Verda Byrd was adopted by a black family, and grew up thinking she was a light-skinned black woman until 2014, when she found out her biological parents were both white, KEN 5 reports.
Byrd who published a book, "Seventy Years of Blackness," in December 2017 says she never questioned her race until she began researching her biological family in 2013.
"I didn't know what I was," she said. "It was never told to me that I was white."
Byrd is the biological daughter of Daisy and Earl Beagle, a poor white couple with four other children at the time of her birth.
Her father abandoned the family in 1943 and her mother sustained a traumatic injury after falling from a trolley when Byrd was five months old. The children were later taken by the state. Daisy regained custody of all of Byrd’s siblings, except for Byrd, who was adopted by Ray and Edwinna Wagner, a black couple, and renamed Verda Ann. She was raised as an only child.
Byrd’s biological parents were dead by time she made the discovery, but she doesn’t feel like she missed out.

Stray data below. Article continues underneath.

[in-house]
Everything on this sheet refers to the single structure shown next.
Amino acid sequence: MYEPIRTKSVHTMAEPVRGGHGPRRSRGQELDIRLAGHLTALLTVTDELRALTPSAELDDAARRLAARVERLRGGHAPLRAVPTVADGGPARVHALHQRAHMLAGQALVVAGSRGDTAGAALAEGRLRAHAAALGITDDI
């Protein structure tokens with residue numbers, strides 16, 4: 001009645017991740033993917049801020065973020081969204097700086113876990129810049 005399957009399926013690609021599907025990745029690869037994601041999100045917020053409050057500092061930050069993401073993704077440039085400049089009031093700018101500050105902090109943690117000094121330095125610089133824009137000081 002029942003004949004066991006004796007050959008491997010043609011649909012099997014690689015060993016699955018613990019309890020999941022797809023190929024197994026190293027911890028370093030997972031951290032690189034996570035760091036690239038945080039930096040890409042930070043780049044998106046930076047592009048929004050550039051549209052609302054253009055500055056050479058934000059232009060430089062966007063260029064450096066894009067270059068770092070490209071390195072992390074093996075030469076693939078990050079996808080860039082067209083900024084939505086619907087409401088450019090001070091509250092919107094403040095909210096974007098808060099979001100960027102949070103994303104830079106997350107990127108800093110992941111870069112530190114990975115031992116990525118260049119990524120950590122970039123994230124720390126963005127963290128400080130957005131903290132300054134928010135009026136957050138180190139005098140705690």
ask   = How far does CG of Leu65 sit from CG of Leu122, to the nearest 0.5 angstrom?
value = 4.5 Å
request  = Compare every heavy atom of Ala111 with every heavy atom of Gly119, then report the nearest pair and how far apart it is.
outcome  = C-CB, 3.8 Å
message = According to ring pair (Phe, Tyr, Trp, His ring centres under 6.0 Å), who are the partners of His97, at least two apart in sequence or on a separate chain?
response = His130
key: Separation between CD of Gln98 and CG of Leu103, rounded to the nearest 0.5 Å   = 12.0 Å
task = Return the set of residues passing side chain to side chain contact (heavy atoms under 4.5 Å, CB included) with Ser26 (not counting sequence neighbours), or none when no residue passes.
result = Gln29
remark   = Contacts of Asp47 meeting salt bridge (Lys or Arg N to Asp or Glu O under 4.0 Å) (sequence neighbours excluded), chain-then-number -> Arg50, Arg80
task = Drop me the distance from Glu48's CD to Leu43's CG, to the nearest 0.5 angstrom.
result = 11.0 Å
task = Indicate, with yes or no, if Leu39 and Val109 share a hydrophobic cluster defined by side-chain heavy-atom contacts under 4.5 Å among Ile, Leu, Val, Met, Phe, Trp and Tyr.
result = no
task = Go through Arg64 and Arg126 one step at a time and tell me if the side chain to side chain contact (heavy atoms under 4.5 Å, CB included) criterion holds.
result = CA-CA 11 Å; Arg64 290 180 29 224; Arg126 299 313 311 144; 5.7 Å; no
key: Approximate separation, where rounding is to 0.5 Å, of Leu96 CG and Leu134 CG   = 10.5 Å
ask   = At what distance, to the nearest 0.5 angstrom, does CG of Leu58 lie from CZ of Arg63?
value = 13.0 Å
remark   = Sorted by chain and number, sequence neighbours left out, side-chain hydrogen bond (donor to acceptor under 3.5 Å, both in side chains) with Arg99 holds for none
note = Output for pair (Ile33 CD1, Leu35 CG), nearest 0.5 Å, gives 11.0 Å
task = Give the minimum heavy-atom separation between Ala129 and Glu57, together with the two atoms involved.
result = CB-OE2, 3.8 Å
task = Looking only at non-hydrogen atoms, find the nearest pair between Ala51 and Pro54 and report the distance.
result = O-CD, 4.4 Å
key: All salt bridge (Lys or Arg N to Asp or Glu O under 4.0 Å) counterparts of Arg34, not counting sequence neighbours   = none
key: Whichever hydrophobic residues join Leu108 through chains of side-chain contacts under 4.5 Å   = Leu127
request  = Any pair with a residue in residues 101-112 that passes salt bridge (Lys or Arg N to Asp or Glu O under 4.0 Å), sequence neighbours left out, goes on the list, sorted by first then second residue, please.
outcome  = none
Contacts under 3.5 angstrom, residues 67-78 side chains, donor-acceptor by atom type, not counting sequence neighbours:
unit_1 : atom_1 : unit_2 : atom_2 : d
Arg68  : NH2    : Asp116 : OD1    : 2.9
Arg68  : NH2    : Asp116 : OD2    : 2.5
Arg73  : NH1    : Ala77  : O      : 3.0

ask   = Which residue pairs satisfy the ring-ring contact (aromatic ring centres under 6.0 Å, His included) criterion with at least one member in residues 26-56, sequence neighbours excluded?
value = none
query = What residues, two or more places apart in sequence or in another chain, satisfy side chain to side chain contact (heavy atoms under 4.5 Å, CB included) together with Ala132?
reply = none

“No, I don't regret,” she said. “Because the way I understand it now is they probably wouldn't have been able to provide the good life that I've had.”
She eventually visited Daisy’s grave and had a reunion with three of her biological sisters, Sybil Panko, Debbie Romero and Kathyrn Gutierrez, but the happy reunion was short-lived when Panko used the n-word.
Panko died in 2016 and Byrd was barred from the funeral; Panko made the request in writing. Byrd's remaining blood sister stopped speaking to her after the death, and left her dismayed by the rejection.
"What did I do? I found you," she said of the incident. "You are my sisters."